Whereas in 2013, the Supreme Court invalidated section 4 of the Voting Rights Act of 1965, dismantling the preclearance provision in the law that protected voters in States that historically have suppressed the rights of minorities to vote;

    Whereas since the preclearance provisions of the Voting Rights Act of 1965 have been vacated, many States gerrymandered districts have gone unchallenged or have become less likely to be invalidated by the courts;

    Whereas these gerrymandered districts have been found to have a discriminatory impact on traditionally disenfranchised minorities through tactics that include “cracking”, diluting their voting power across many districts, and “packing”, concentrating minority voters’ power in one district to reduce their voting power in other districts;

    Whereas the courts have found the congressional and, in some cases, State legislative district maps in Texas, North Carolina, Florida, and Wisconsin to be gerrymandered districts that were created with the intent of interfering with the constitutional right to vote;

    Whereas the Shelby County v. Holder Supreme Court decision calls on Congress to fix the formula in the Voting Rights Act of 1965;

    Whereas in 33 States, some form of restrictive voting law has been instituted since 2013;

    Whereas these restrictive voting laws encompass cutbacks in early voting, voter roll purges, placement of faulty equipment in minority communities, requirement of photo identification—the procurement of which amounts to a modern day poll tax, and elimination of same-day registration;

    Whereas more than 80 million minority, elderly, poor, and disabled voters could be disenfranchised by these changes in voting;

    Whereas in 2016, discriminatory laws in North Carolina, Wisconsin, North Dakota, and Texas have been ruled unconstitutional and overturned by the courts;

    Whereas there are local elected officials who refuse to adhere to Federal court decisions that have struck down suppressive voting laws instituted since the Supreme Court’s Shelby County v. Holder case;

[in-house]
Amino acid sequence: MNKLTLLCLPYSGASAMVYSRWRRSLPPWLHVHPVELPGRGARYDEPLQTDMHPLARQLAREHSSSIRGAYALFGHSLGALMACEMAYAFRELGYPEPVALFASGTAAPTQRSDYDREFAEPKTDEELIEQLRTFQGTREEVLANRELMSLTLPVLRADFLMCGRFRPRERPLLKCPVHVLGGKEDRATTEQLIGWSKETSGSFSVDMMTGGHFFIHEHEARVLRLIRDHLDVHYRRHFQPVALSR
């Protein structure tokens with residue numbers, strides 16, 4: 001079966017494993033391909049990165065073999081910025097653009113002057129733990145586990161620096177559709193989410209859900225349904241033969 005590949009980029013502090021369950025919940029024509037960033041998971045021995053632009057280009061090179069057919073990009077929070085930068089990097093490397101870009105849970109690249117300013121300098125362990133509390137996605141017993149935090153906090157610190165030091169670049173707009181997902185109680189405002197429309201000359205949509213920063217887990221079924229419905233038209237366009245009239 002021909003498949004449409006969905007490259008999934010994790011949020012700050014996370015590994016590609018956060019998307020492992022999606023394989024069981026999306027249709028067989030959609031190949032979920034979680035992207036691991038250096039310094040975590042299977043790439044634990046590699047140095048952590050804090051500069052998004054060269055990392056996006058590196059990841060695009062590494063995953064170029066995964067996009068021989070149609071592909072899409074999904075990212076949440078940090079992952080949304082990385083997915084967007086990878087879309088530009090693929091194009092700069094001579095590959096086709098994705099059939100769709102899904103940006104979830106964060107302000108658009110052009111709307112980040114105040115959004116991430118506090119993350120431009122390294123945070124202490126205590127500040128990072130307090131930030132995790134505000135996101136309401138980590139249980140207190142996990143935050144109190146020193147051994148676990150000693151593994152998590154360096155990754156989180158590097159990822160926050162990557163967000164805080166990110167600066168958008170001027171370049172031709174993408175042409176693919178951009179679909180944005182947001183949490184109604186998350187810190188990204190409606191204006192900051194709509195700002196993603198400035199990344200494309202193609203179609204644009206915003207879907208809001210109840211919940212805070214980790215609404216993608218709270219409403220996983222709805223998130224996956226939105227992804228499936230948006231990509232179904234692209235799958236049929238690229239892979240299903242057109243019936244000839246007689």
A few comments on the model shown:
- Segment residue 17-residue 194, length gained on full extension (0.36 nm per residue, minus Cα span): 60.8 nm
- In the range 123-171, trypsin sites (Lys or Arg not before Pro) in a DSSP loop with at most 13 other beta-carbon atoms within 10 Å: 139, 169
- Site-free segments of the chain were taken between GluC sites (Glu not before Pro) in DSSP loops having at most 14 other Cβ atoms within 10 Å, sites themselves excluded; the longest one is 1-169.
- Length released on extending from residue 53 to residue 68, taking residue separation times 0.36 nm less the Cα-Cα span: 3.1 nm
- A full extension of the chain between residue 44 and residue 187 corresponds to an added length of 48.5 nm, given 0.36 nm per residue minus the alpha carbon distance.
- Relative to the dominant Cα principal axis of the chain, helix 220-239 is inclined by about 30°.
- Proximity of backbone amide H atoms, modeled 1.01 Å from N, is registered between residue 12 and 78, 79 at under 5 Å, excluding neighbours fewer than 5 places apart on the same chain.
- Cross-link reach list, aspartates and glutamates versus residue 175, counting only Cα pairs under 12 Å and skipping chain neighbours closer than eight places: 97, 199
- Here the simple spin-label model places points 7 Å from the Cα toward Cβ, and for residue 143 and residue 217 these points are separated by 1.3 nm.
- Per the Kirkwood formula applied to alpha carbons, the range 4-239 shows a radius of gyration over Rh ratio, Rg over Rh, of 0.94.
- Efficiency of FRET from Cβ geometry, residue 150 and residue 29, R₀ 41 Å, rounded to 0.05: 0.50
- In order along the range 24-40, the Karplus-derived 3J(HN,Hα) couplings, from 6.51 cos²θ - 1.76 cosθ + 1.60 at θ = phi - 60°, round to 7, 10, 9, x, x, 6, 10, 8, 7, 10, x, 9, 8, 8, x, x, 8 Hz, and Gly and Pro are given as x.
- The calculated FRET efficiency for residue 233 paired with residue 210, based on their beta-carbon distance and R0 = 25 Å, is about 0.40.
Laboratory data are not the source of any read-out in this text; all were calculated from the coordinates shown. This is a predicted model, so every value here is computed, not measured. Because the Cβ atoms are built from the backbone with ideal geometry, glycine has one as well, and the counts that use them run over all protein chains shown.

Whereas there is much more work to be done to ensure all Americans have the right to vote;

    Whereas National Voter Registration Day is September 25; and

    Whereas the month of September would be an appropriate month to designate as “National Voting Rights Month”: Now, therefore, be it

Resolved, That the House of Representatives—

(1) supports the designation of “National Voting Rights Month”;

(2) encourages all people in the United States to uphold the right of every American to exercise their sacred and fundamental right to vote; and

(3) endorses the following solutions to further the mission of allowing all citizens to vote:

(A) Our Nation’s public schools and universities should develop an academic curriculum under which students would learn about the importance of voting, how to become registered to vote, where to vote, and the different forms of voting. This curriculum would include teaching the history of voter suppression in America before the Voting Rights Act of 1965 was passed. It would also teach students about current issues that are related to laws that have been passed to restrict the vote since 1965 or any actions taken by State and Federal Government officials since passage of the Voting Rights Act of 1965 that have created barriers to being able to vote.

(B) The Postal Service should issue a special Fannie Lou Hamer stamp during the month of September, to remind Americans about how ordinary citizens risked their lives, marched, and participated in our great democracy so all Americans would have the fundamental right to vote.

(C) Congress should allocate the requisite funds needed for public service announcements on television, radio, newspapers, magazines, social media, billboards, buses, and other forms of media to remind Americans when elections are being held, and to urge people to get out and vote.

(D) Congress should pass legislation that will allow all citizens upon reaching the age of 18 to be automatically registered to vote in Federal elections.